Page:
The Austen Catch-Up Project: Marrying Mr. Darcy
In Jane Austen’s novels, the quest for a suitable marriage partner is serious business. By law, Regency women surrendered most of their economic and domestic power when they married, so it was crucial to pick a decent, trustworthy husband. In Austen’s courtship stories, the stakes are lifelong happiness or perpetual misery. This is not a game, people!
Nonetheless, that hasn’t stopped any number of Janeite entrepreneurs from creating Austen-inspired games. There’s the charmingly low-tech Pride and Prejudice board game, which requires players to answer P&P trivia questions while racing to get both halves of an Austen couple to the church on time. There’s the more up-to-date Ever Jane, the MMPORG (Massively Multi-Player Online Role-Playing Game), currently in beta testing, whose final version is scheduled to launch next year.
And there’s Marrying Mr. Darcy, an outrageously entertaining cards-and-dice game that is this month’s entry in my Austen Catch-Up Project, wherein I spend 2016 filling holes in my Janeite education. (OK, OK: playing Austen games isn’t, strictly speaking, educational. But I refuse to apologize for having fun.)
Over the Thanksgiving holiday, I played Marrying Mr. Darcy twice – once with two players and once with four, including a tolerant college-age male who gamely adopted the role of Georgiana Darcy, winning the weekend’s Good Sport Award.
Marrying Mr. Darcy involves two stages of play, Courtship and Proposal. During the Courtship stage, players embodying one of eight female characters from P&P take turns following the instructions on Event cards covering everything from parties to gambling games to scandalous elopements. Along the way, everyone tries to collect adequate numbers of Character cards awarding points in five crucial areas: Beauty, Wit, Friendliness, Reputation and Cunning.
In the Proposal stage, players take turns weighing offers of marriage from six male P&P characters, with a dice roll determining whether he proposes or passes. Turn down Mr. Collins, and – as he pointed out to Elizabeth Bennet on a parallel occasion – “in spite of your manifold attractions, it is by no means certain that another offer of marriage may ever be made you.” And then you could end up an Old Maid, with another roll of the die determining whether “you live a short, lonely, and bitter life” (for zero points) or “become a celebrated author” (for ten).
Victory goes to the player with the most points, calculated by combining your Character score with your reward for marrying well. The highest number of marriage points is awarded to characters who marry as Jane Austen intended: Elizabeth Bennet gets fifteen points for landing Mr. Darcy, but only five if she settles for Wickham.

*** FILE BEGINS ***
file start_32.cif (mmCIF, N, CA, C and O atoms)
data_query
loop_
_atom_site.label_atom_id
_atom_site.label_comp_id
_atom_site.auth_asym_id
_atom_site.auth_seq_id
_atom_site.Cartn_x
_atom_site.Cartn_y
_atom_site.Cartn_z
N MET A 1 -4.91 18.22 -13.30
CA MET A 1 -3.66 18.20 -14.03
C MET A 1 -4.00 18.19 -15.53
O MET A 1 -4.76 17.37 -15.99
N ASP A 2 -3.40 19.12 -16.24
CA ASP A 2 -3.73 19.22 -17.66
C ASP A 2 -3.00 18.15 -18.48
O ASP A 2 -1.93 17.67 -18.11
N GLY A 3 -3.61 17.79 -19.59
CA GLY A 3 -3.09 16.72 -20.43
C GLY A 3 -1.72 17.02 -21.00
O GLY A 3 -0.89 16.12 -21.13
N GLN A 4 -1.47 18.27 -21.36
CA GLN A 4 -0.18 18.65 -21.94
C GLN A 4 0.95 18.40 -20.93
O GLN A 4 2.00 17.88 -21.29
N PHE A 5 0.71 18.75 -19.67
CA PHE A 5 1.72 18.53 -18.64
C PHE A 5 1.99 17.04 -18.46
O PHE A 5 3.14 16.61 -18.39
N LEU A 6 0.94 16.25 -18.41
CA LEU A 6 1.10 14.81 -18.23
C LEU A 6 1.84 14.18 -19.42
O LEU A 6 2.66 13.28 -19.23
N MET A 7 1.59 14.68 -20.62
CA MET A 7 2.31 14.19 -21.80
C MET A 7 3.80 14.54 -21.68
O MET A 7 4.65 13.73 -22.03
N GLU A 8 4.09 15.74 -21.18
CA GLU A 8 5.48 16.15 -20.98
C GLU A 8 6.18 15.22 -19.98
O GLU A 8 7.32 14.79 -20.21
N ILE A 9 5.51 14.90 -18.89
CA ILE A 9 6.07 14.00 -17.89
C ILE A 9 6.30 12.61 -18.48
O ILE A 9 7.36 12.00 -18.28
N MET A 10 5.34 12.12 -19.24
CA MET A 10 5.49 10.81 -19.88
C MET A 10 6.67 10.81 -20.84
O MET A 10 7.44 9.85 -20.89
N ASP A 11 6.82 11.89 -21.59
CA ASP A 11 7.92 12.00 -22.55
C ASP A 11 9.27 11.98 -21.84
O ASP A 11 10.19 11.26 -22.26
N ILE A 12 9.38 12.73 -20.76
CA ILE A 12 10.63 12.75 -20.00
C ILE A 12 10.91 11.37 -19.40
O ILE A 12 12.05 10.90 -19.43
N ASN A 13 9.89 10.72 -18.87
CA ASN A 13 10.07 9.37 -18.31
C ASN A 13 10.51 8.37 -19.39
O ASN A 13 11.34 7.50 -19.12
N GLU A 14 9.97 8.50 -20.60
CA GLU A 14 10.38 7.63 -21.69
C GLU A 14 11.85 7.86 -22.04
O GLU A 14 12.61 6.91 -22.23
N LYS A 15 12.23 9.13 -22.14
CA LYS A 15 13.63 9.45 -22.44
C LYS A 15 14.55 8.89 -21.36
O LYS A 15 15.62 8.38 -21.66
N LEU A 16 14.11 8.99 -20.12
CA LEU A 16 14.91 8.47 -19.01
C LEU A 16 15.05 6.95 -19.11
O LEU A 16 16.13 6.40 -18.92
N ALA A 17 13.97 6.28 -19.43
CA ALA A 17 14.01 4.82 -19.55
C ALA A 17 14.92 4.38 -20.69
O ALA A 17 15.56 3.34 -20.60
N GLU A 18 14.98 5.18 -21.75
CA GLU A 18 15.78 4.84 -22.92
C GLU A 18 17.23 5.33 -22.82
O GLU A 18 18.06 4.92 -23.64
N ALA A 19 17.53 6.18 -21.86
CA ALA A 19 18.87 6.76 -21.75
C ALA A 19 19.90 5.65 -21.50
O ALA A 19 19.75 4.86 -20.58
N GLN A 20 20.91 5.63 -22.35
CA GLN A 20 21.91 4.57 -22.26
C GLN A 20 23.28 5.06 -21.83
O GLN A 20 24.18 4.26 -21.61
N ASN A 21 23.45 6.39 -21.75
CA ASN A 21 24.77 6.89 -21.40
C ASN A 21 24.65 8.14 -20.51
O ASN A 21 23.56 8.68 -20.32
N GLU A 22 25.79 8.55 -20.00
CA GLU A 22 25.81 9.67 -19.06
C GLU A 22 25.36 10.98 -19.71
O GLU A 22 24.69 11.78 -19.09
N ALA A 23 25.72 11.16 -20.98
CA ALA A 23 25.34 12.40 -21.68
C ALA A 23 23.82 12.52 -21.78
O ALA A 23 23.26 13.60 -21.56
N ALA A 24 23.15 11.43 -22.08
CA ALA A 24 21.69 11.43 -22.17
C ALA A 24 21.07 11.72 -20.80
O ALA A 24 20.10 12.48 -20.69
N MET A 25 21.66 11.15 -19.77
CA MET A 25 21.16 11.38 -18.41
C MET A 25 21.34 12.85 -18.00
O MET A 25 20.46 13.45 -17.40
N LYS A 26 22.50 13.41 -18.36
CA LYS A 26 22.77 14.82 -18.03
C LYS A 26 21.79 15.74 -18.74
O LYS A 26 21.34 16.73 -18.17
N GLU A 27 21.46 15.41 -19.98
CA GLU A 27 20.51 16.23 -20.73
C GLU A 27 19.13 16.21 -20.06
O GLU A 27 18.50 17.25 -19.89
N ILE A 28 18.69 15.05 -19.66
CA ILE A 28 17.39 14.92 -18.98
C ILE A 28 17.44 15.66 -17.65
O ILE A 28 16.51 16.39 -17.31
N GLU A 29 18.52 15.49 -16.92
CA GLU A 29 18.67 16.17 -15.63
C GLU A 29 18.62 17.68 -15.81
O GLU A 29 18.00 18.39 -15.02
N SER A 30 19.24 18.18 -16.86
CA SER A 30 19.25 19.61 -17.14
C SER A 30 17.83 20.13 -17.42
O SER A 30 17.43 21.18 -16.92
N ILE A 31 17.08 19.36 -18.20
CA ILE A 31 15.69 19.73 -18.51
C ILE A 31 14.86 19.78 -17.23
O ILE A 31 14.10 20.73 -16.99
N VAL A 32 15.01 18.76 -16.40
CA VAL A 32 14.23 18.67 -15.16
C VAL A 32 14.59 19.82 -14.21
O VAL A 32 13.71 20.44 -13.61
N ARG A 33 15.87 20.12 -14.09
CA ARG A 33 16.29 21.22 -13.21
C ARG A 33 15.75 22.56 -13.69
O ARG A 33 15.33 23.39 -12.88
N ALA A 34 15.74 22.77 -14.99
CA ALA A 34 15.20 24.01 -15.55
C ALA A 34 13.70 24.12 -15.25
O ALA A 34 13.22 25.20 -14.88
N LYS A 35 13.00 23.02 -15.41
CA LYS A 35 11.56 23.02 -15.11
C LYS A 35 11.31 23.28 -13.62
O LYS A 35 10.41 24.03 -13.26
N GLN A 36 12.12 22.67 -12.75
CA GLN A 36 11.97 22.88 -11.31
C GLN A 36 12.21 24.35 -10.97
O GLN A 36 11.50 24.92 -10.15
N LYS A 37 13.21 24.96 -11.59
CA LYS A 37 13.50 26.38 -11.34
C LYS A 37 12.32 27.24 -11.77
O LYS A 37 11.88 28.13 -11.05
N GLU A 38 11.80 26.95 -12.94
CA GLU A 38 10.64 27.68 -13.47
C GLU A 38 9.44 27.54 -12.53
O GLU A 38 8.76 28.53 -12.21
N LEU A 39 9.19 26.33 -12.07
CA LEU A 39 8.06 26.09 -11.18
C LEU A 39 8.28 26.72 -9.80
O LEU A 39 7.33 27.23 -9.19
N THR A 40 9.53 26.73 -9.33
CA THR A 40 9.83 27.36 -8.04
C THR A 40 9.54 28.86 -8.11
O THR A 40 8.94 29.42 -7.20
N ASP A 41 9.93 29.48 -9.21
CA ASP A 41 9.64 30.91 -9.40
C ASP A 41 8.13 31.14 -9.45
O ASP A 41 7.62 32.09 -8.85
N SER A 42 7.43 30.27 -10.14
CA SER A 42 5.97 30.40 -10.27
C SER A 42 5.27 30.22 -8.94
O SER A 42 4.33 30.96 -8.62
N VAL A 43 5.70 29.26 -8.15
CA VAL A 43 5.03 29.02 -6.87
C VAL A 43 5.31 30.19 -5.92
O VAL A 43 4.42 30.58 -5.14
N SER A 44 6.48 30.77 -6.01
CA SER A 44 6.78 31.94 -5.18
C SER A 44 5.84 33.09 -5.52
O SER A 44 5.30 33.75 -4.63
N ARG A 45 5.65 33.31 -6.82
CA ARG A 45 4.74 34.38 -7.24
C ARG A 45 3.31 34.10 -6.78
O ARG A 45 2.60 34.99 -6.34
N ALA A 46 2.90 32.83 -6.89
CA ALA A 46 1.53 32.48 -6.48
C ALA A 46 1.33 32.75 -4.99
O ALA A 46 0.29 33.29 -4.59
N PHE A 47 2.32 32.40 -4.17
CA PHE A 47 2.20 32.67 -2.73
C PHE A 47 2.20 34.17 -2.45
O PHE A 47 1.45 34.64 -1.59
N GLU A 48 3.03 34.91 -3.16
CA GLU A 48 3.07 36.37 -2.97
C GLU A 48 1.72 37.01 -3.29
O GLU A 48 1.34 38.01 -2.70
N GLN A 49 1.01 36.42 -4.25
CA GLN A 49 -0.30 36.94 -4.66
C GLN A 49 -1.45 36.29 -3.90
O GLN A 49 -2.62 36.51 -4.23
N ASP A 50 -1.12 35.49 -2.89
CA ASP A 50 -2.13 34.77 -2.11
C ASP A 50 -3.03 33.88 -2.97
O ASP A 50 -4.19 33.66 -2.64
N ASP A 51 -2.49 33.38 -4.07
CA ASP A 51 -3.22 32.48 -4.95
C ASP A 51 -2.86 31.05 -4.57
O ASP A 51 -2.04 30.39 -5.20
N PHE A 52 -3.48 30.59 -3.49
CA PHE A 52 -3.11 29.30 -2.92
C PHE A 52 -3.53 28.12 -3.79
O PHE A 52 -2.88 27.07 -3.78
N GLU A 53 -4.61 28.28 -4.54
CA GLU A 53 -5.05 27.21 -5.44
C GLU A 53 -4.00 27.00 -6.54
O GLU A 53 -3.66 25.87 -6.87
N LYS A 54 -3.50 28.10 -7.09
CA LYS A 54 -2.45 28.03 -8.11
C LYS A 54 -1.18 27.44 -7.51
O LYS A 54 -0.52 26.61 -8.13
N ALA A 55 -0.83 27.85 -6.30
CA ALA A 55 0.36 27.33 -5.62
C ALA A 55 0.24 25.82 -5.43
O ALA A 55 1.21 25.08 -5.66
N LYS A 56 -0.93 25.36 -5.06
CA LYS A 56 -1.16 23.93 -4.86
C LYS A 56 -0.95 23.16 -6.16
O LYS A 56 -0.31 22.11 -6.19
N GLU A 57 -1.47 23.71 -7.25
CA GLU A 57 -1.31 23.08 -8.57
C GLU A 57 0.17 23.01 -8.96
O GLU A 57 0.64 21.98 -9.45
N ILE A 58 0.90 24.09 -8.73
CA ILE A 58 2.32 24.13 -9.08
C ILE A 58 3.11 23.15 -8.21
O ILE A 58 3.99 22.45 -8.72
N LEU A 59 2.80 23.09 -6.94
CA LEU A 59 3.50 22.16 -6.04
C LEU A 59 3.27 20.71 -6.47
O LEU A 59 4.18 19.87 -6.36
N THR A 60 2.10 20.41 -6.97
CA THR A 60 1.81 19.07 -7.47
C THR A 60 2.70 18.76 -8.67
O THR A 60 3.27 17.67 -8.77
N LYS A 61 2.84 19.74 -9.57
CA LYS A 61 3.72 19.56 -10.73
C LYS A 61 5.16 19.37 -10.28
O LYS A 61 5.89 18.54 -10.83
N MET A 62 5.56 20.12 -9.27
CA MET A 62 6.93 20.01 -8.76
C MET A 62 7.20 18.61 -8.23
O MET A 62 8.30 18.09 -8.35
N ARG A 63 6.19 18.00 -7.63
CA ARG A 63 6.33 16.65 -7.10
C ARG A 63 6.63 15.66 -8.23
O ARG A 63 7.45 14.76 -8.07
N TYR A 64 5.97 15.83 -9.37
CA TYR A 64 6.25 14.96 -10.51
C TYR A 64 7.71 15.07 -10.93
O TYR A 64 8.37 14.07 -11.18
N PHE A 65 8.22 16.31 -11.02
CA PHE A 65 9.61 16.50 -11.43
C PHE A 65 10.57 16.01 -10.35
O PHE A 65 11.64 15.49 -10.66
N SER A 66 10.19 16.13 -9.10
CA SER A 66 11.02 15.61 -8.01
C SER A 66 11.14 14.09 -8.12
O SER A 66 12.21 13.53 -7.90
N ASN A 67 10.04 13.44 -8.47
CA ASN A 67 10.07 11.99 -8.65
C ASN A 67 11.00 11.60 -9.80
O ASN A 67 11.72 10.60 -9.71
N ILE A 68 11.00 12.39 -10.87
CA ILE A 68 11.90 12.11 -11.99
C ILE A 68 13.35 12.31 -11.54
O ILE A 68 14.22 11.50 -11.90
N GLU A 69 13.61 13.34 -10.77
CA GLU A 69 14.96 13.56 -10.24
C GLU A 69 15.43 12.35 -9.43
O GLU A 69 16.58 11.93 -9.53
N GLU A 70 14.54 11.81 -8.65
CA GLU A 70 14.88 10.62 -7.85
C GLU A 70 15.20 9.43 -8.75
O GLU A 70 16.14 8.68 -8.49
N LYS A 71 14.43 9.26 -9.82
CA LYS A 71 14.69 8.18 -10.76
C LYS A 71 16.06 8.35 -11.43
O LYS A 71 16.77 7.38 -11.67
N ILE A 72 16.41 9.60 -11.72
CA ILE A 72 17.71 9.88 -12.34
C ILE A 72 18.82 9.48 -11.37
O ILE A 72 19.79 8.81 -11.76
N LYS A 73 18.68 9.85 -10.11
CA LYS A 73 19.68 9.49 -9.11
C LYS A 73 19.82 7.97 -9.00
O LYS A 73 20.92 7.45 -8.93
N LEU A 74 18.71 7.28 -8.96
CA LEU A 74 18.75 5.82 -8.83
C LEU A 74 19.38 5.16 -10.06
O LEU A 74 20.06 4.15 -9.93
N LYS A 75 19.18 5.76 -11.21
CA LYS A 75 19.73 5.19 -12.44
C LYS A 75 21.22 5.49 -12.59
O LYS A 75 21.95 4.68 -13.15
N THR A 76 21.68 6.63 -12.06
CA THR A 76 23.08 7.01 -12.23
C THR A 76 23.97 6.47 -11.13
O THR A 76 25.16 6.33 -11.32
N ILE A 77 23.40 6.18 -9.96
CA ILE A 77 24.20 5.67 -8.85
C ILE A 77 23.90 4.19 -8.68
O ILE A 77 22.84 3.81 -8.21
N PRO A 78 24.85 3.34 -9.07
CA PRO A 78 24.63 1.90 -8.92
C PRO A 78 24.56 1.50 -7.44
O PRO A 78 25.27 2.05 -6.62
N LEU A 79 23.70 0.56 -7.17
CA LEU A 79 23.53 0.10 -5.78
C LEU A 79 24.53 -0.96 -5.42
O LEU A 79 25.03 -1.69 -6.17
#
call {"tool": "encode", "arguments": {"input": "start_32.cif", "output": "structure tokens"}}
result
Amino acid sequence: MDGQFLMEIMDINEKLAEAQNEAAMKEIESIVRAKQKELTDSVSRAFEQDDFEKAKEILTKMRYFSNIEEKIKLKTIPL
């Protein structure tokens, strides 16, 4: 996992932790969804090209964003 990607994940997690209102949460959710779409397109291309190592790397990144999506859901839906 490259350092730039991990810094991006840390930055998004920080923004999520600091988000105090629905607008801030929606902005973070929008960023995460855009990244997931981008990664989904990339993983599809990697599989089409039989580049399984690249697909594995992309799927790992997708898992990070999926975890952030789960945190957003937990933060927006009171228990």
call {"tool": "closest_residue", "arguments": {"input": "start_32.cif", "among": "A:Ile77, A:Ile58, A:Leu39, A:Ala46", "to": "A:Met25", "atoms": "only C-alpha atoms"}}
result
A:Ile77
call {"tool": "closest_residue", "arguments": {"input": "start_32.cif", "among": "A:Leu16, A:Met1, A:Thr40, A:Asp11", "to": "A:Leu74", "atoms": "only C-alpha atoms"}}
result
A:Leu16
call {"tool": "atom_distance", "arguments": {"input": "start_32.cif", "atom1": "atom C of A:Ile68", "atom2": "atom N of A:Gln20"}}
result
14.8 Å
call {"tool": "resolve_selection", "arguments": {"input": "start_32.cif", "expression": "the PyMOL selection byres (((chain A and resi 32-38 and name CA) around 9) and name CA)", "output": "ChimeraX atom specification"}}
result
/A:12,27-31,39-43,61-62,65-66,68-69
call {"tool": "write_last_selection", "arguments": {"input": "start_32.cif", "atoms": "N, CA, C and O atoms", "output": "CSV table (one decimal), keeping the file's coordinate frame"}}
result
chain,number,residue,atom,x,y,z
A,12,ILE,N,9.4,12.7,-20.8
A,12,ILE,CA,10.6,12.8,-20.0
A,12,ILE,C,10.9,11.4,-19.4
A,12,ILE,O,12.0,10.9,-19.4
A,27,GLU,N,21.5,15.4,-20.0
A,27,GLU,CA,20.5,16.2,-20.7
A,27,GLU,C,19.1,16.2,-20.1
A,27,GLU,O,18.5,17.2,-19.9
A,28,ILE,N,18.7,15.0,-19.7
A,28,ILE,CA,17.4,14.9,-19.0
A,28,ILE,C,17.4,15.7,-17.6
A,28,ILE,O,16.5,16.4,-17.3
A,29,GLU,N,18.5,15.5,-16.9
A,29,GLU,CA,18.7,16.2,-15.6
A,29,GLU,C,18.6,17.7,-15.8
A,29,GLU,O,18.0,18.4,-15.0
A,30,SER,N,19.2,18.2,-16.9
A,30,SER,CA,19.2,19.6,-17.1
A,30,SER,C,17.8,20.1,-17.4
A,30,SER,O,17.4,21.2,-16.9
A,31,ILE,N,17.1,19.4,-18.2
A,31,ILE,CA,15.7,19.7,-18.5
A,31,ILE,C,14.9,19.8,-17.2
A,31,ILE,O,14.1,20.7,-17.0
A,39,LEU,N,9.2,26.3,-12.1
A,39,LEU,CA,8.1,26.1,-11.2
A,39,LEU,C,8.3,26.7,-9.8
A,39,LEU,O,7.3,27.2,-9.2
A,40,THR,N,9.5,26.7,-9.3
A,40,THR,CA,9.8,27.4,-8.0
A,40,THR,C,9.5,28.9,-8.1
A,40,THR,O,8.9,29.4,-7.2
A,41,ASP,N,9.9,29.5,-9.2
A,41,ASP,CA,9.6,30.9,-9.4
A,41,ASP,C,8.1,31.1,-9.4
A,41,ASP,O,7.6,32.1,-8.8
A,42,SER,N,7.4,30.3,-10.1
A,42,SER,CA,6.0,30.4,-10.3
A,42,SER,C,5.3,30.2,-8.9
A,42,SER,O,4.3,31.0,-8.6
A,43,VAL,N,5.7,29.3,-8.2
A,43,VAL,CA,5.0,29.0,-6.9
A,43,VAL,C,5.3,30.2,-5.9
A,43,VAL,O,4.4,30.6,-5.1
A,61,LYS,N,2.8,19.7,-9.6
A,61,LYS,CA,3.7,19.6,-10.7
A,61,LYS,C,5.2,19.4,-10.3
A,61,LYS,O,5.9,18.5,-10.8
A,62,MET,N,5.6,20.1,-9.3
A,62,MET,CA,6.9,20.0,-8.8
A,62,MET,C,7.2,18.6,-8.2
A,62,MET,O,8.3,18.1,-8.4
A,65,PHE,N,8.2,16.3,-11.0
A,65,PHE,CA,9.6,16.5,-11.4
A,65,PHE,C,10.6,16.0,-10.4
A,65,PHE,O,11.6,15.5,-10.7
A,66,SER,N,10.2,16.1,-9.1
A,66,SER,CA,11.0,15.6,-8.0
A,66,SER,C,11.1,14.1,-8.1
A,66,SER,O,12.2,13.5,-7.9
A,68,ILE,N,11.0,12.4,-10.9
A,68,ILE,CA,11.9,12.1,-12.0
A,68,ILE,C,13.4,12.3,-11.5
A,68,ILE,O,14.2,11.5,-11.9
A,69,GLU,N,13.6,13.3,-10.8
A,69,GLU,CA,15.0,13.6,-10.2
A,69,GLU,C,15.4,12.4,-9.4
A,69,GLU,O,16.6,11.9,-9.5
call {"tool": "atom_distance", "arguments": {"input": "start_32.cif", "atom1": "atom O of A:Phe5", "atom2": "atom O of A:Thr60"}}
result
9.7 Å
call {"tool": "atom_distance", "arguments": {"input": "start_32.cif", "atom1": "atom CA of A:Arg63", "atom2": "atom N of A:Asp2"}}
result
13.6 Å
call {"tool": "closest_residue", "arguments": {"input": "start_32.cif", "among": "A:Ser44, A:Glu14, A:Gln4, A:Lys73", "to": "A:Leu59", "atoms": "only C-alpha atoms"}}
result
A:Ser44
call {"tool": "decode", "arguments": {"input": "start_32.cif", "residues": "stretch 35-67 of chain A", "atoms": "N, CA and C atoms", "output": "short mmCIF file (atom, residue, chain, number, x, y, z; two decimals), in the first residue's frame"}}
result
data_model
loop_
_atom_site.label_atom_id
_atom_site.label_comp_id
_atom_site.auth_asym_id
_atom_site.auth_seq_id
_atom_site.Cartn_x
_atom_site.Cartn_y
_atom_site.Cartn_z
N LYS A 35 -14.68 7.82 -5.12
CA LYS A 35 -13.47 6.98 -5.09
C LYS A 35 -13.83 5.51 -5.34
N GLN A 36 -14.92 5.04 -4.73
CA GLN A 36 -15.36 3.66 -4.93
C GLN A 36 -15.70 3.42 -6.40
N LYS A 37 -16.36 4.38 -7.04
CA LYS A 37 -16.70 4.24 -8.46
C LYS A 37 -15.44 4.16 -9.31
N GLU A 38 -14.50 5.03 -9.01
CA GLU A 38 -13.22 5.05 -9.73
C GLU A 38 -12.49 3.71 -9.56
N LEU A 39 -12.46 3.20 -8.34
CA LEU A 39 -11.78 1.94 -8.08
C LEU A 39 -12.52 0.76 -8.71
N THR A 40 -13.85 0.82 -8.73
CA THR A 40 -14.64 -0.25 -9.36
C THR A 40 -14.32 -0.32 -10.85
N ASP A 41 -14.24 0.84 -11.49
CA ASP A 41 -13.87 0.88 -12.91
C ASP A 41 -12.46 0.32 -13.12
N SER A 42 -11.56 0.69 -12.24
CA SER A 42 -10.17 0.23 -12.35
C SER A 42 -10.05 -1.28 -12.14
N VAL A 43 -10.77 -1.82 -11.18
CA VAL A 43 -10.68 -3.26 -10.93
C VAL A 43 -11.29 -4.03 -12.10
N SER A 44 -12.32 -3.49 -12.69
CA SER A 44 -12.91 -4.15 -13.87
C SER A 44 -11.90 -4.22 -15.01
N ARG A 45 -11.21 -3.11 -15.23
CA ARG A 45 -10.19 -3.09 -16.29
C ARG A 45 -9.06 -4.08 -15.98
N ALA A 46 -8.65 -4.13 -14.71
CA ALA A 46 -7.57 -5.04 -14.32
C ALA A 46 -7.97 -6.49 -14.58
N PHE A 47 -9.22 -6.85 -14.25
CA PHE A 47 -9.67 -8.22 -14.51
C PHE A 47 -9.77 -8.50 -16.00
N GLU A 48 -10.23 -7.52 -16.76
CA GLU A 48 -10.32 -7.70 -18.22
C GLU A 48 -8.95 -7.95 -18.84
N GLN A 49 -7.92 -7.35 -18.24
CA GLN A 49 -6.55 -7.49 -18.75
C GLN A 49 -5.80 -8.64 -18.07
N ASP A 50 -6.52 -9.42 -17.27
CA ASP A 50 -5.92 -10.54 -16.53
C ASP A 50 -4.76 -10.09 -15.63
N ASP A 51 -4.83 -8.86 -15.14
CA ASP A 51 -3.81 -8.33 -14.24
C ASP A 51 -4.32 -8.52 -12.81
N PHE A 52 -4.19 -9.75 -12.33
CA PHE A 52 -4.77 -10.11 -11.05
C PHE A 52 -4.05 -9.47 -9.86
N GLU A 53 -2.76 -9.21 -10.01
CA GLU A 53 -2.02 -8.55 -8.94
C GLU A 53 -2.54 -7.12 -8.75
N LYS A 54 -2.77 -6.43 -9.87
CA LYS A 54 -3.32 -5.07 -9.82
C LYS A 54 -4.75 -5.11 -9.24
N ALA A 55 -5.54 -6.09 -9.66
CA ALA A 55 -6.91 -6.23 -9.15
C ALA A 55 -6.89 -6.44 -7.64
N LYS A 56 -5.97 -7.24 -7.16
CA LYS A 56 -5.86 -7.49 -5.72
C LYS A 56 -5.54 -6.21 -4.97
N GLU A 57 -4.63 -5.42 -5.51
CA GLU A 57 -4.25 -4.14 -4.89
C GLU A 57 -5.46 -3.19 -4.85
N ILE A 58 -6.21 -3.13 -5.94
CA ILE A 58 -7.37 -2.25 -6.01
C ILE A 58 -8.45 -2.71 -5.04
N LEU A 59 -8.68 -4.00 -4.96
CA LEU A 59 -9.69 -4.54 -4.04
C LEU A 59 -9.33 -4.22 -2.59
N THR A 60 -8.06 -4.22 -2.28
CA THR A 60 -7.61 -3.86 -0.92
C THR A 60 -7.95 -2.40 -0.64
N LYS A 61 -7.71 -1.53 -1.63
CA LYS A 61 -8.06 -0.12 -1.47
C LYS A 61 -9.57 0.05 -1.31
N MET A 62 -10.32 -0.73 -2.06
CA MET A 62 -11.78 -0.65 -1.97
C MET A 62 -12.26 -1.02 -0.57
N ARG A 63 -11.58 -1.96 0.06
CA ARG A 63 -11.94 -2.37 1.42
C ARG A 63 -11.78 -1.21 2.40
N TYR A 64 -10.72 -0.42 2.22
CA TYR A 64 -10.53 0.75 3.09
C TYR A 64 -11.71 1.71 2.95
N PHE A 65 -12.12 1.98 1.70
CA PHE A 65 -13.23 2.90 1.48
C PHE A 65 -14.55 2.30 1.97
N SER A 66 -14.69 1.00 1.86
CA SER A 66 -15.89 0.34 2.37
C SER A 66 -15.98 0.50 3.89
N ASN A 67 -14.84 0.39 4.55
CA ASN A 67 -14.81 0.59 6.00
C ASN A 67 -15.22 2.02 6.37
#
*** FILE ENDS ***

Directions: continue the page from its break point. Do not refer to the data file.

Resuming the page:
It’s a cheerful diversion, lasting just long enough to pass the time on a quiet evening, but not so long that it requires blocking out a whole afternoon. The cards are attractively designed, with character illustrations that seem intended to recall some of our favorite screen adaptations, and for the most part, game play is intuitive and easy to master.
What the Austen-ignorant would make of the game, I can’t say – all my fellow players had read P&P -- but for a Janeite, the game’s pleasures lie in the small details: the quotes from P&P slipped into the Event cards (one entitling you to a second shot at a proposal from a refused suitor is titled “It is usual to reject the addresses of a man when he first applies for your favor”), and the elements of play that suggest the game’s creators have read their Austen (a card titled “Call on Maria Lucas” gives a bonus to the player impersonating Kitty Bennet).
At the risk of overthinking what is, after all, Just A Game, I also found some unexpected Austenian resonance in the game’s structure.
Dowries are foundational but seldom mentioned – except when ties are resolved in favor of the character with the larger one – and heroines have almost no opportunities to increase the dowry points they’re awarded at the start (one for the Bennet sisters, four for Georgiana Darcy). Luck plays a major role in determining whether you amass enough beauty and reputation points to satisfy a high-status suitor. Cunning is deployed in the service of undermining female rivals and increasing the odds of a proposal from a desirable suitor. And the all-or-nothing dice roll that decides your marital fate – along with the concomitant risk of choosing to reject a lower-status man in hopes of landing a better prospect down the line -- is a fair analogue of the high-stakes decisions that confront Austen’s heroines.
I don’t want to overstate the parallels here: Austen surely wouldn’t consider beauty to be a matter of character, and she wouldn’t think of friendliness and wit as qualities entirely determined by chance. Her people grow and change through humbling trials and painful reflection, not on the turn of a card. Marrying Mr. Darcy is a delightful game. Pride and Prejudice is more than that.